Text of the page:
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I had the good fortune of being born in the Los Angeles area, a region where cars are inextricably intertwined with everyday life, so it's probably inevitable that I would wind up with a lifelong love of automobiles. I can't pinpoint exactly when it all started for me though. Maybe it was the childhood trips to Riverside International Raceway, or the more local journeys to Gardena's now-defunct Ascot Park speedway. Maybe the terrible air quality just warped my brain. But whatever it was, from a young age, I had a fairly clear idea that I wanted to do something with cars as an adult.
Once I learned to read, I discovered car magazines, and I thought, "Heck, I could do that!" Since so many of the magazine editors I admired had engineering backgrounds—and since my dad is also an engineer—I thought I would take that route. But it turned out that I was born with an underdeveloped math gland, and for a short while, I thought my dreams of writing for an automotive publication were dashed. However, I still had the ability to form sentences, which lead to paragraphs, and eventually entire stories about a variety of things. I eventually faked my way through college by pretending to care about non-car matters, and immediately squandered my newly won journalism degree by writing about 500-horsepower Honda Civic drag racers for the now-defunct Sport Compact Car magazine.
Of course, there were other things going on in my life. I fell in love and got married; traveled a bunch; changed jobs a few times; learned that Sizzler was not, in fact, a good steakhouse; and had many other experiences that can be grouped in the category of "life." The most important of these was fatherhood. When I became a dad, my perspective on everything changed, including what was important in cars. Sure, I still love the raw horsepower of a Corvette, the sexy styling of a Ferrari, and I cherish any and all wheeltime on a racetrack that I can get. But the truth of the matter is that Corvettes and Ferraris will always be fast and fun, and simply telling a bunch of enthusiasts, "Hey, this Corvette is a lot of fast fun," isn't very challenging.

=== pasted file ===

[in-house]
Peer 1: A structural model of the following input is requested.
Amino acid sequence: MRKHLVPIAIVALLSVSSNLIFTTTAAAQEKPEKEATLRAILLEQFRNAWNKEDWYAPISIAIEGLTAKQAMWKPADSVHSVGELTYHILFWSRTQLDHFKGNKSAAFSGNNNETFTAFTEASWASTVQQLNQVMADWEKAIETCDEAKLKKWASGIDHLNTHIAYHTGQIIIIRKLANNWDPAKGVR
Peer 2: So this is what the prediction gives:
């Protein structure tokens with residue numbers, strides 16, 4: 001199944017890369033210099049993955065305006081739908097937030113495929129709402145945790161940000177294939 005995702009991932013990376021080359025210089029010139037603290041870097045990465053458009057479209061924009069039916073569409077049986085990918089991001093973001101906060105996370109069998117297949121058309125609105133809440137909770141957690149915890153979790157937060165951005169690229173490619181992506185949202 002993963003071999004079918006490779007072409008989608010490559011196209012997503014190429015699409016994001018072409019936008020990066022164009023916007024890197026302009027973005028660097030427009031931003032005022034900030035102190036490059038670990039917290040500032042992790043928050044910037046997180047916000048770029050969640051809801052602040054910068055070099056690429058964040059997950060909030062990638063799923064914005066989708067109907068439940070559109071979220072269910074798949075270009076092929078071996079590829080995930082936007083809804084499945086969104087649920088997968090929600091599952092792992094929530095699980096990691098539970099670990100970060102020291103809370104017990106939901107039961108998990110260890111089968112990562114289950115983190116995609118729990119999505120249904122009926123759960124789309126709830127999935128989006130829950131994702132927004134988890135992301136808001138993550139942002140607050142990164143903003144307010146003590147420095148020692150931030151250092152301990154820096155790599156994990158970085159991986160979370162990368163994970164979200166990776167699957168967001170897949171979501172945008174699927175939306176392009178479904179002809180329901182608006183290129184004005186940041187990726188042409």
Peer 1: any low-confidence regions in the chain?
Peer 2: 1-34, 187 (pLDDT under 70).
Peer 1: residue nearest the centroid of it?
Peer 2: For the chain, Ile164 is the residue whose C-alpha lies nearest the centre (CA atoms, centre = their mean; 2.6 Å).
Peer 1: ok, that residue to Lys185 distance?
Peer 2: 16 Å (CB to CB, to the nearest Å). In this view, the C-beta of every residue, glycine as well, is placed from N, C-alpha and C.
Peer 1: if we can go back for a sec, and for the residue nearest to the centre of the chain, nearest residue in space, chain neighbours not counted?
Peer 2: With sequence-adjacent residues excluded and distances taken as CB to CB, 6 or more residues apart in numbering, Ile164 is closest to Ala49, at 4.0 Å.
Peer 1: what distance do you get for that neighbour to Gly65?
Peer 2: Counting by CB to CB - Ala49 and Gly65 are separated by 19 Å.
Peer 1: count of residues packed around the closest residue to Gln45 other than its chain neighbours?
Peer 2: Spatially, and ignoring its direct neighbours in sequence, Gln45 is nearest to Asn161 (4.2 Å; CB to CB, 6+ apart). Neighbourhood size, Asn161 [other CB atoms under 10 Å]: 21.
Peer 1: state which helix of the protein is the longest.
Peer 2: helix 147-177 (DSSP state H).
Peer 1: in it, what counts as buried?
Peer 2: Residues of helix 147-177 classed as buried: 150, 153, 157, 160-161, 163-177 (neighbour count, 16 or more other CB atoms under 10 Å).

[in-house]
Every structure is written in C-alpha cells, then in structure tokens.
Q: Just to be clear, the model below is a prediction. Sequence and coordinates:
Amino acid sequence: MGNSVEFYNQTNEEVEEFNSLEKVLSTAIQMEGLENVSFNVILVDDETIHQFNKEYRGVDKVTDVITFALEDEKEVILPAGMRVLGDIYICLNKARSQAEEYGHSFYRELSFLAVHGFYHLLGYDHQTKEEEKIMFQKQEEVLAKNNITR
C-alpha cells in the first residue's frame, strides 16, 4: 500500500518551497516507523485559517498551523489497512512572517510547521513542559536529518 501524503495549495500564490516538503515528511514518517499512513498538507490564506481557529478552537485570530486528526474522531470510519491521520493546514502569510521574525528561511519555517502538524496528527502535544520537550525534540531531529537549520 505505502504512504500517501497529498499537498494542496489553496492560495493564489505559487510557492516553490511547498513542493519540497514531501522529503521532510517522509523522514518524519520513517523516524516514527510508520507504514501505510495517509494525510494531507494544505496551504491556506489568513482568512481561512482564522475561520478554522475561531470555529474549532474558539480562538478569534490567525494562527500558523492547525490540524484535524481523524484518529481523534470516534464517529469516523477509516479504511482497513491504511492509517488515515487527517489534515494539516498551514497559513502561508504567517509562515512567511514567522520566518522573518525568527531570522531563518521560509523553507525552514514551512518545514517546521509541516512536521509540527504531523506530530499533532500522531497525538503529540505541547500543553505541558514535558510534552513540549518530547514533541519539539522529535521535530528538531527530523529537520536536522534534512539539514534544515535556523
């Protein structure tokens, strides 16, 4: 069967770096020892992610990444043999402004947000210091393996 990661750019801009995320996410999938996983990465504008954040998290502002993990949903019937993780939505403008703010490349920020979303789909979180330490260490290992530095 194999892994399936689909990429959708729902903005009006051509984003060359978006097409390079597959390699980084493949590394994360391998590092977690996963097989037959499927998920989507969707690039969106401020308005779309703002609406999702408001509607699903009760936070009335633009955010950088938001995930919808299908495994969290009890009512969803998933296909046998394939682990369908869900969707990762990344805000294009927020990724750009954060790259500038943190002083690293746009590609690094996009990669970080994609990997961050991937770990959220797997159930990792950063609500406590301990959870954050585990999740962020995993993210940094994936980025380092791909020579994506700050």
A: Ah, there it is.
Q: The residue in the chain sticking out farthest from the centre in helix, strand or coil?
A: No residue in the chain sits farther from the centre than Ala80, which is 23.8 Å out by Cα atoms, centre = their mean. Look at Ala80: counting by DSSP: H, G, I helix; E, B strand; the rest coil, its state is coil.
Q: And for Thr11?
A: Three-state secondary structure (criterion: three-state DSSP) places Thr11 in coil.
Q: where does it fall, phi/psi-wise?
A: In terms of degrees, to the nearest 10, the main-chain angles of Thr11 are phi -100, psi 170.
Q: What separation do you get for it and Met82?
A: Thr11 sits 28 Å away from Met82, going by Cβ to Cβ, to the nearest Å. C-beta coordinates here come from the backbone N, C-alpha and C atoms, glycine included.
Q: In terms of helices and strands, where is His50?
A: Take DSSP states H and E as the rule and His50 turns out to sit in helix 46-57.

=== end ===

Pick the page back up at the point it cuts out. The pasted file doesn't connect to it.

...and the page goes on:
The meat of the market—the sedans, crossovers, and minivans that make up the vast majority of vehicle purchases in the U.S.—is where the real action is for me now. I love how manufacturers can come up with wildly different solutions to the same problem. What makes a Toyota Camry better than a Honda Accord, or an Accord better than a Hyundai Sonata, or a Sonata better than that Camry? Ask me.
November 07, 2013
It took a while, but the first major embargo has broken before the 2012 Detroit Auto Show.
Does the 2013 Ford C-Max Energi out-Prius the Prius?
Agriculture is as ingrained in the American psyche as the pickup trucks you find down on the farm.
If you're looking for a sneak peek at the 2013 GMC Acadia, but the usual rumors and whispers automotive sites just aren't doing it, well, you've been looking in the wrong place.
In the short time it has been on sale, the 2013 Mazda CX-5 compact crossover has already made waves, earning critical accolades, lots of positive press, and even killing off one of its own stablemates.
The 2013 Subaru BRZ and its twin, the 2013 Scion FR-S, are the most hotly anticipated sport coupes to hit the scene in years.
The 2013 Detroit Auto Show is shaping up to be a busy one, and we're not just talking about Chevrolet Corvettes.
BMW's new hatchback 3 Series debuts. Will it be a hit, or a miss?
The 2014 Buick LaCrosse makes its debut at the 2013 New York Auto Show, showcasing a host of new features, an upgraded interior with premium trim, and a few exterior styling tweaks all to keep the big Buick apace of its competition.
Along with its bigger Buick LaCrosse counterpart, the 2014 Buick Regal gets a thorough workover this year.